The fourth section returns to Iraq in 2002 and 2003, focusing on the Bush administration’s case for war and the role UN inspectors played in trying to determine whether Iraq had reconstituted its nuclear weapons program. Much of the information in this section is familiar, as this war has been addressed in detail in numerous recent books. Nonetheless, Rhodes reminds his readers of how thin the evidence was for the presence of weapons of mass destruction in Iraq. He specifically notes that the administration’s case on Iraq’s emerging nuclear weapons program was based on two patently false pieces of evidence: the claim that Iraq sought uranium from Niger and the claim that it was importing aluminum tubes for centrifuges to enrich uranium.
The final chapter begins with a brief review of what Rhodes refers to as “the debacle of the George W. Bush years.” Rhodes enumerates several stark reversals on the path towards nuclear nonproliferation and elimination under the Bush administration, including withdrawing from the 1972 Anti-Ballistic Missile (ABM) Treaty, failing to seek ratification of the 1996 Comprehensive Test Ban Treaty (CTBT), and shifting policy toward North Korea, which was followed by that nation’s withdrawal from the NPT and its testing of a nuclear device. This list does not include additional concurrent challenges to nuclear nonproliferation, including the widely recognized failure of the 2005 NPT review conference, the discovery of the A.Q. Khan network that supplied nuclear technology to many nations, and Iran’s continuing uranium enrichment program and possible pursuit of nuclear weapons.
Despite these setbacks, Rhodes remains optimistic. He notes that the threat of nuclear terrorism and continuing concerns about nuclear proliferation present the world with a “stark choice: eliminate nuclear weapons and secure their fissile explosives or expect them to be used.” He argues that the international community can and should seek to eliminate nuclear weapons. To support his view that pursuers of this goal have gained momentum in recent years, he quotes a range of sources and opinions, including President Obama’s speech in Prague in April 2009, when he pledged “America’s commitment to seek the peace and security of a world free of nuclear weapons.” He suggests that nuclear abolition is feasible, even if some nations might still seek to acquire nuclear weapons, because, as was demonstrated in many of the stories related in the book, “the world would rise up against cheaters.”
Yet the history of the past decade may not support Rhodes’s conclusion. It is not clear that the United States or the international community are ready to move forward on the path to a world free of nuclear weapons. While the Obama administration has pledged to continue to reduce U.S. nuclear weapons in partnership with Russia, it seems unlikely that it will push for the ratification of the Comprehensive Test Ban Treaty before the end of its first term; it is also highly unlikely that the Senate would approve that treaty. Moreover, even if the United States and Russia agree to further reductions in their nuclear weapons, it is not clear that France, China, India, Pakistan, or other nuclear weapons states would join the process. Each nation with nuclear weapons has its own security concerns, and most continue to believe that nuclear weapons keep them safe. This calculation may not change until we see significant changes in the international security environment.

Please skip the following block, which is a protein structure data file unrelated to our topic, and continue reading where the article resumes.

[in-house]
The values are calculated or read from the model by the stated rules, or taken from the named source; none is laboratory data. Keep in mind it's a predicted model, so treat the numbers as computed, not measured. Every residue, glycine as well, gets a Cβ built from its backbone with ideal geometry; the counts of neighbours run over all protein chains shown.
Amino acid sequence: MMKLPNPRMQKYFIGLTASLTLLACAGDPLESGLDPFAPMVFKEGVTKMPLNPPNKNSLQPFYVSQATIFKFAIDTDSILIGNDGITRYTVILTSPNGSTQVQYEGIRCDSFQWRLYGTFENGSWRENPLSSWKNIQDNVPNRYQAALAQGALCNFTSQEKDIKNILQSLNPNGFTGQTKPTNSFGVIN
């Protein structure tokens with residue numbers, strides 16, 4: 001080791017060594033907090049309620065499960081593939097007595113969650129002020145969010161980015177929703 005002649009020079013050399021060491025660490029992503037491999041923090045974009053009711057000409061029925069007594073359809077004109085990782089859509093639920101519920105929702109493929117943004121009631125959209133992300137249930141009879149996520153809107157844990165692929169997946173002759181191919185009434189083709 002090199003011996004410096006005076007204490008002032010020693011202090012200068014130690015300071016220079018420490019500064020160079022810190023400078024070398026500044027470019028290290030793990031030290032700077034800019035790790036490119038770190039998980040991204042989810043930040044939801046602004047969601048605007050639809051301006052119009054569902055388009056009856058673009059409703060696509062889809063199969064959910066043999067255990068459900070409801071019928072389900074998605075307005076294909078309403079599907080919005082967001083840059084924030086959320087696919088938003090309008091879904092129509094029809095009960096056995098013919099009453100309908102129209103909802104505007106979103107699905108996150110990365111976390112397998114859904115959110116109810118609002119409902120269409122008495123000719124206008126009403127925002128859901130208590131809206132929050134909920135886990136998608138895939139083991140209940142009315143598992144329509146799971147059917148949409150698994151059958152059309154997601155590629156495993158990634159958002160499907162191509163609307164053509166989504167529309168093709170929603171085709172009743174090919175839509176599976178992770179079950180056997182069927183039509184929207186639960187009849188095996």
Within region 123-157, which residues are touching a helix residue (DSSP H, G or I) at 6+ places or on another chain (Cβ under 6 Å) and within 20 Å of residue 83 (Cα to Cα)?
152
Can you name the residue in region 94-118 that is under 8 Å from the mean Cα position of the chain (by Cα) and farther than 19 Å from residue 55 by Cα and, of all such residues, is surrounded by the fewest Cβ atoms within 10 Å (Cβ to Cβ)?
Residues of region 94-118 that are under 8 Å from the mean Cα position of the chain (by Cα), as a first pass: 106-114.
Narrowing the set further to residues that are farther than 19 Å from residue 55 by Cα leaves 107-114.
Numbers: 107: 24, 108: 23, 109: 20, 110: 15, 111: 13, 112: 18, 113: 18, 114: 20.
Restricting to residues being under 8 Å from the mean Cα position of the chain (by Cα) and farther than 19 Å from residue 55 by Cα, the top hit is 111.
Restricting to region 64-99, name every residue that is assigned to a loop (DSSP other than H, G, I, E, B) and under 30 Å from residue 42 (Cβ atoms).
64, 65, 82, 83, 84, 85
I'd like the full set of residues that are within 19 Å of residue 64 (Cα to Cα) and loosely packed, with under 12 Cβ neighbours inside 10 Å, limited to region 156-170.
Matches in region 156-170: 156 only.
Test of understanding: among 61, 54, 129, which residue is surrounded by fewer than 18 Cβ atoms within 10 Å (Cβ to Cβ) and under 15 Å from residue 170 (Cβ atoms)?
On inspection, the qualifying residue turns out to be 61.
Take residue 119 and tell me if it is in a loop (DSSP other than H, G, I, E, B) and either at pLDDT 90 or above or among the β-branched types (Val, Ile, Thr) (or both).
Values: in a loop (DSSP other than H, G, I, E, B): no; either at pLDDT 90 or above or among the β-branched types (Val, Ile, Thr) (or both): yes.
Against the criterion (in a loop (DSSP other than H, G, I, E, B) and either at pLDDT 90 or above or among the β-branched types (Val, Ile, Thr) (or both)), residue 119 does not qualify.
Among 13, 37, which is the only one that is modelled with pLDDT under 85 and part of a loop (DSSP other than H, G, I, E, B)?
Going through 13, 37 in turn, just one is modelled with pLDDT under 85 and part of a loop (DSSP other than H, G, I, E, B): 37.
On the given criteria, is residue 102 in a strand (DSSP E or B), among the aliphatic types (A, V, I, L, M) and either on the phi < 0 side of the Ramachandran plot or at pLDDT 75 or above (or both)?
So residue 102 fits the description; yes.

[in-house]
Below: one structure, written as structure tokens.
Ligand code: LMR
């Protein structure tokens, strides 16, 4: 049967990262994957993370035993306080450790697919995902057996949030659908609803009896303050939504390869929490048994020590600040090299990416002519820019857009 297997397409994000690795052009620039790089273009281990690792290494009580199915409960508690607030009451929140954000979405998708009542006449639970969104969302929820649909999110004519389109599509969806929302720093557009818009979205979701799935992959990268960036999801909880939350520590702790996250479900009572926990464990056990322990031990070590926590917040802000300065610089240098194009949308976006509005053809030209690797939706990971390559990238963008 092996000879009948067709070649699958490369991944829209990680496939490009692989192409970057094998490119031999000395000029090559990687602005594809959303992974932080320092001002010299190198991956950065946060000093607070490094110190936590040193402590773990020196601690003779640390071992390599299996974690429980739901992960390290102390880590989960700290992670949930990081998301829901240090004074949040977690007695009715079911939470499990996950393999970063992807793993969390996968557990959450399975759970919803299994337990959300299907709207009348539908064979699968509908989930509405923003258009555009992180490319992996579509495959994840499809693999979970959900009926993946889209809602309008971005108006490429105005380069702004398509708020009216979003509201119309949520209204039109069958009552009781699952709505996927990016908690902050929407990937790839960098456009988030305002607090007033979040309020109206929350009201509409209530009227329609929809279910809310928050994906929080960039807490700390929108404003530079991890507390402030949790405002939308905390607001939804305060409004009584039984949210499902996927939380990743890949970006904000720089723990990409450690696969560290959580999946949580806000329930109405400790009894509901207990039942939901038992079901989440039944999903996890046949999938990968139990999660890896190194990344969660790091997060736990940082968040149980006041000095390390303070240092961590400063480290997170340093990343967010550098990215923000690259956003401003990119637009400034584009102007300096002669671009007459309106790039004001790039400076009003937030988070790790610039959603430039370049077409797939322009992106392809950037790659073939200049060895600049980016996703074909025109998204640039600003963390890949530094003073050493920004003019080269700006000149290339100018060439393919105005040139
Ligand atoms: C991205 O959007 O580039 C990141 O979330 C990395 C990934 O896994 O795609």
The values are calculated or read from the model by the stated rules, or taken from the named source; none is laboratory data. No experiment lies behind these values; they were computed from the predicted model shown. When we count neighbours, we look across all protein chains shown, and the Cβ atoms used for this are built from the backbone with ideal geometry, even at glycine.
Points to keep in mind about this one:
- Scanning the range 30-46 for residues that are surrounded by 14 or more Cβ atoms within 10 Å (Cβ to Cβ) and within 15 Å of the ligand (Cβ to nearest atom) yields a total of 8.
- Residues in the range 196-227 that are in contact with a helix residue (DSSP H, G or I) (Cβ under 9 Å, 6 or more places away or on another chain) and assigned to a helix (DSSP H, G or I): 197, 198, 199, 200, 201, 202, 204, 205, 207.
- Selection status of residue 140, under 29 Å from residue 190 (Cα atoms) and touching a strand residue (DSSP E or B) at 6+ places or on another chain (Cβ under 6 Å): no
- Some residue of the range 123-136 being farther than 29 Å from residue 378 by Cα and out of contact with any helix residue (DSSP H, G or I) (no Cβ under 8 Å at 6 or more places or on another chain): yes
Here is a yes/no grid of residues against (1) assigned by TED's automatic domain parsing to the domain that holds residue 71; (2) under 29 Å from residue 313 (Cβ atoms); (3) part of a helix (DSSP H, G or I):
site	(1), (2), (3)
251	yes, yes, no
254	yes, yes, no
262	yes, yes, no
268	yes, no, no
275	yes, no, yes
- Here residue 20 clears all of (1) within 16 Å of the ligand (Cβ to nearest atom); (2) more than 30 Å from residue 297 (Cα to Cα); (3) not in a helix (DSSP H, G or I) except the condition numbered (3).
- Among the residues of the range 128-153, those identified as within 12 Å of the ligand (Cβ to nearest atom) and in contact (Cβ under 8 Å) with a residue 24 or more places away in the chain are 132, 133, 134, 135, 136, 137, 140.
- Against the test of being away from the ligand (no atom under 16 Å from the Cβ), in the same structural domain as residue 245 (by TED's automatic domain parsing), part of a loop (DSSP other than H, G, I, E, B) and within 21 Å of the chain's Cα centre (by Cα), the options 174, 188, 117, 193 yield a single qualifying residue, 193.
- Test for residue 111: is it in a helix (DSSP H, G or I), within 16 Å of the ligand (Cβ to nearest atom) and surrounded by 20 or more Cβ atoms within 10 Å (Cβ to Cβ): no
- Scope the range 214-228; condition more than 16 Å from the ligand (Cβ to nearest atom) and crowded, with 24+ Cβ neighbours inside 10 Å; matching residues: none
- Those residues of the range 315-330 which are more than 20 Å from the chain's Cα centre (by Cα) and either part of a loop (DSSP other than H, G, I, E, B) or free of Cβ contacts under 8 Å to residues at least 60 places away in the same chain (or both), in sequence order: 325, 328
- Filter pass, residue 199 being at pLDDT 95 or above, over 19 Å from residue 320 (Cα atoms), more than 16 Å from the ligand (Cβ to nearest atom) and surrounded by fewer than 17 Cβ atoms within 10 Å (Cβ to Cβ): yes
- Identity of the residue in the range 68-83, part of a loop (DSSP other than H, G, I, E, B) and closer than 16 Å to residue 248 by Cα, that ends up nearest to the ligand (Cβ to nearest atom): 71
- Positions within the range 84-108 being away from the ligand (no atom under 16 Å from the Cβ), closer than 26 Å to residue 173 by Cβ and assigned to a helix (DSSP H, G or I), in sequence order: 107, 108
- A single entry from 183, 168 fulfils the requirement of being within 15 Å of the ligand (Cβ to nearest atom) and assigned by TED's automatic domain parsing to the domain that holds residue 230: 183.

Most nations agree that all are threatened by the possible proliferation of nuclear weapons. But this near-consensus has not solved the problem. North Korea has recently revealed a new uranium enrichment capability, joining Iran on the list of countries with active enrichment programs that can produce fuel for nuclear weapons. Other nations, like Burma and Syria, have shown signs of interest in acquiring nuclear technologies that could, if these nations chose, contribute to the infrastructure needed to develop nuclear weapons. While the international community may yet convince these nations to abandon their nuclear programs, the prospects do not look good at this time.
Although The Twilight of the Bombs documents numerous successes on the path to a world where nuclear weapons play a diminished role in national and international security, it is not clear that this path will eventually lead to a world without nuclear weapons. Support for the goal of a nuclear weapon-free world is by no means universal, and that vision may be receding in many of the nations that actually possess nuclear weapons. The recent challenges might represent an inevitable ebb and flow of progress toward the ultimate goal, or these challenges could indicate that we have reached a plateau. The nations in the international community may work together to contain and reverse some of the most egregious nuclear threats, such as those posed by North Korea and Iran. But these efforts could fail and we might continue to live in a world where some nations have nuclear weapons and a small number of additional nations seek to acquire them.
About the Author
Amy F. Woolf is a specialist in nuclear weapons policy at the Congressional Research Service. The views expressed here are those of the author, and do not necessarily reflect those of the Library of Congress or the Congressional Research Service.